Change provider now: Save up to 831 euros per year with the Smartbroker

For example, the “Aktiv-Depot” of the Berliner Volksbank costs 697 euros per year in a sample calculation by the renowned specialist journal “Finanztest”. It is significantly cheaper with the Smartbroker, which charges just 18 euros for the “large sample depot”. In plain language: Those who change can save several hundred euros a year – without sacrificing selection or service.

The editors of “Finanztest” (the magazine belongs to the well-known “Stiftung Warentest” brand) have the price lists of nine nationwide branch banks, 13 regional offers from savings banks and cooperative banks as well as 13 direct banks and online brokers in an extensive study (edition 11/2020 ) examined. The result of the independent jury: “The smart broker came out on top for all sample portfolios. Purchases of securities cost a flat rate of 4 euros, orders from other trading venues are sometimes even cheaper or even free ”. With a view to other brokers, the “Finanztest” writes: “None of the ‘classic’ providers can keep up.”

In fact, it is mainly the well-known banks that stand out negatively in the ranking. For example, Commerzbank’s “Classic Depot” costs 757 euros per year in the example calculation described above. The shopping cart for the “medium-sized sample depot” is even more expensive. According to the “financial test”, Commerzbank customers have to reckon with 822 euros per year. The “medium-sized model portfolio” contains assets of 50,000 euros, spread over 13 items. There are also twelve orders for EUR 6,000 and EUR 2,500.

For comparison: the fees for the smart broker amount to just 55 euros in the same model calculation. The difference (and thus the savings potential for investors) amounts to an impressive 767 euros. When switching from the Berliner Volksbank, even 831 euros are possible. Hypovereinsbank customers can save up to 627 euros a year, and anyone who has previously owned a “Comfort Private Depot” at Deutsche Bank pays 586 euros less for the same shopping cart with Smartbroker.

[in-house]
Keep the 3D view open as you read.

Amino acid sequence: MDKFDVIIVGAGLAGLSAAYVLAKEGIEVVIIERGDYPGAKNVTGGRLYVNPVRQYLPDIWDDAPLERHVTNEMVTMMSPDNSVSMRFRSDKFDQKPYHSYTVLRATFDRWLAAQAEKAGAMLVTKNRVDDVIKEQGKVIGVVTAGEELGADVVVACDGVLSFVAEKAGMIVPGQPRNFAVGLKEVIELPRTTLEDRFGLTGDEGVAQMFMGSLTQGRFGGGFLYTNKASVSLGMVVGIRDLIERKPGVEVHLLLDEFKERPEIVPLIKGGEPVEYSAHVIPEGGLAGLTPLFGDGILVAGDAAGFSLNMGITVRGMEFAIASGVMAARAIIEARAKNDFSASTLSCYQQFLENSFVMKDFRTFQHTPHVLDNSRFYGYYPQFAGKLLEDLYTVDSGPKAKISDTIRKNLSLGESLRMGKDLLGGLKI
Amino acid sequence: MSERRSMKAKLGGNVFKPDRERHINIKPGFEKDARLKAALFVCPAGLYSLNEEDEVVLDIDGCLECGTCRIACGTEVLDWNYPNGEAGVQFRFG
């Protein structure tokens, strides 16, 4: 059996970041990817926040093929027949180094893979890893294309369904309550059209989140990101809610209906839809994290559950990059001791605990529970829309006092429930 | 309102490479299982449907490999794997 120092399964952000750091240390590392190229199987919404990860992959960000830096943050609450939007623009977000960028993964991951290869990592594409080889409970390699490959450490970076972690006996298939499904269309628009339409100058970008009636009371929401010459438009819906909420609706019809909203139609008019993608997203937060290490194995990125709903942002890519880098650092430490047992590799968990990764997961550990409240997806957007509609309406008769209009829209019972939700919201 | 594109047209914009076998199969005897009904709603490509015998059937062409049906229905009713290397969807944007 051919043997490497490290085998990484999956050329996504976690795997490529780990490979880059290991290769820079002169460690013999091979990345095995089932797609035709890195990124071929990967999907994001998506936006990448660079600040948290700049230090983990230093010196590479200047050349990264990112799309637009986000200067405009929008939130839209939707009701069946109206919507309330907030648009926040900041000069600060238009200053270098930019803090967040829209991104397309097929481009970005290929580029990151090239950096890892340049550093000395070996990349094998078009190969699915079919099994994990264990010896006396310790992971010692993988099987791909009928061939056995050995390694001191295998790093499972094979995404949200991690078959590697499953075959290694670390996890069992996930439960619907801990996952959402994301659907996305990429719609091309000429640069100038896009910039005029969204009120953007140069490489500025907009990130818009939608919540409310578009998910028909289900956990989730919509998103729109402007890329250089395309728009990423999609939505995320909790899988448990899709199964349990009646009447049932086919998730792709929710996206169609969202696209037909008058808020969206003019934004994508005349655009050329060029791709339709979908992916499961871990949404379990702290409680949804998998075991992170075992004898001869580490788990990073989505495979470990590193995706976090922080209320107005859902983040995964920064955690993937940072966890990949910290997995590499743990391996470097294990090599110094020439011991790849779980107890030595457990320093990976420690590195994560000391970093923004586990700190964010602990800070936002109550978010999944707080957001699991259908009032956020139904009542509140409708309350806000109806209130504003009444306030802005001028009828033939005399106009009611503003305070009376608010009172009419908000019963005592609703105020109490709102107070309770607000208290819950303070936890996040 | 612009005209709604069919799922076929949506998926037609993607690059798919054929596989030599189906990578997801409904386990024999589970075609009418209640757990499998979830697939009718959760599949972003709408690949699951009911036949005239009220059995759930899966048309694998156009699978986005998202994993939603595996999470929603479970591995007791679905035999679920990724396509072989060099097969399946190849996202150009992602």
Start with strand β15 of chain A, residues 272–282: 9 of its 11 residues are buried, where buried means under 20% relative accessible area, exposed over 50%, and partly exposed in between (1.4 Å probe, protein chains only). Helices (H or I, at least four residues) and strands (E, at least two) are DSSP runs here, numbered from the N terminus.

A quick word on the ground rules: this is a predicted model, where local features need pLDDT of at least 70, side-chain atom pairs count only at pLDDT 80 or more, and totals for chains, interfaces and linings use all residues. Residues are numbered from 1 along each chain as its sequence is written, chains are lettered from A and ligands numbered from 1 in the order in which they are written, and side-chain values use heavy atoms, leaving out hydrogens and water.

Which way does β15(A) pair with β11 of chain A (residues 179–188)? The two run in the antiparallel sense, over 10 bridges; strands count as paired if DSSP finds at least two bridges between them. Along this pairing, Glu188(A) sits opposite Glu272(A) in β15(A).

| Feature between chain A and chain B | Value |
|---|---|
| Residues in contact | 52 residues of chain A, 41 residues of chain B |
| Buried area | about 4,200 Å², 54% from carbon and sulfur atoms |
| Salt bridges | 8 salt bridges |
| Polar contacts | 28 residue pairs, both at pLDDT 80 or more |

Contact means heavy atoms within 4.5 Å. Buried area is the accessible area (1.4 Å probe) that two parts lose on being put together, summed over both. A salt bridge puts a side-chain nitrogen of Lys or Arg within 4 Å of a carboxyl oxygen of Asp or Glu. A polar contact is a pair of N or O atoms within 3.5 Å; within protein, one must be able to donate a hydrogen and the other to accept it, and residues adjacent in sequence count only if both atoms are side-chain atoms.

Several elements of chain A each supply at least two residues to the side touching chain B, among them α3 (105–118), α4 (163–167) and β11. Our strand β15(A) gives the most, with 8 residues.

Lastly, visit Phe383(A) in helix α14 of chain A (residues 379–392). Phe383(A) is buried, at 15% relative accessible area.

In view of this price differential, the clear conclusion of the “financial test” should come as no surprise: “With the branch banks and savings banks, […] much as before. Customers usually not only pay annual fees for their securities portfolio, they also pay around 1 percent of the order total for every purchase or sale. ”But the emerging online brokers are often anything but cheap. Maxblue, Consors, Comdirect, ING, S-Broker and Flatex come up with fees of between 100 and 184 euros in the model calculation for the “large sample depot”. This means that the online brokers are cheaper than the long-established large banks from Frankfurt, but are still (up to) ten times as expensive as the smart broker, which only started in December 2019.

How do these prices come about? Smart broker– Board member Thomas Soltau knows the answer: “Branch banks are generally expensive because they have to co-finance the entire bank and, above all, branch operations and the necessary staff. In addition, very few providers pass on price advantages to customers. We, on the other hand, made sure from the start to position ourselves as efficiently as possible and deliberately forego income from fees. We want to make trading attractive again and, in my opinion, the price hurdles must first be removed. “

The “new front runner smart broker“- according to the testers – proves that this approach works. Around 60,000 investors opened a smart broker account within ten months. The Berliners now manage assets worth around 1.4 billion euros. Soltau and his team have already implemented fee reductions several times.

Smartbrokers trade via the gettex stock exchange Equities, funds, ETFs and bonds therefore already for 0 euros. At Lang & Schwarz, investors pay 1 euro per order – in both cases from a volume of at least 500 euros. At all other German stock exchanges, the service still costs only 4 euros. Since the middle of the year, it has even been possible to trade derivatives free of charge via the premium partners Morgan Stanley, HSBC, UBS and Vontobel.

Author: F.R.

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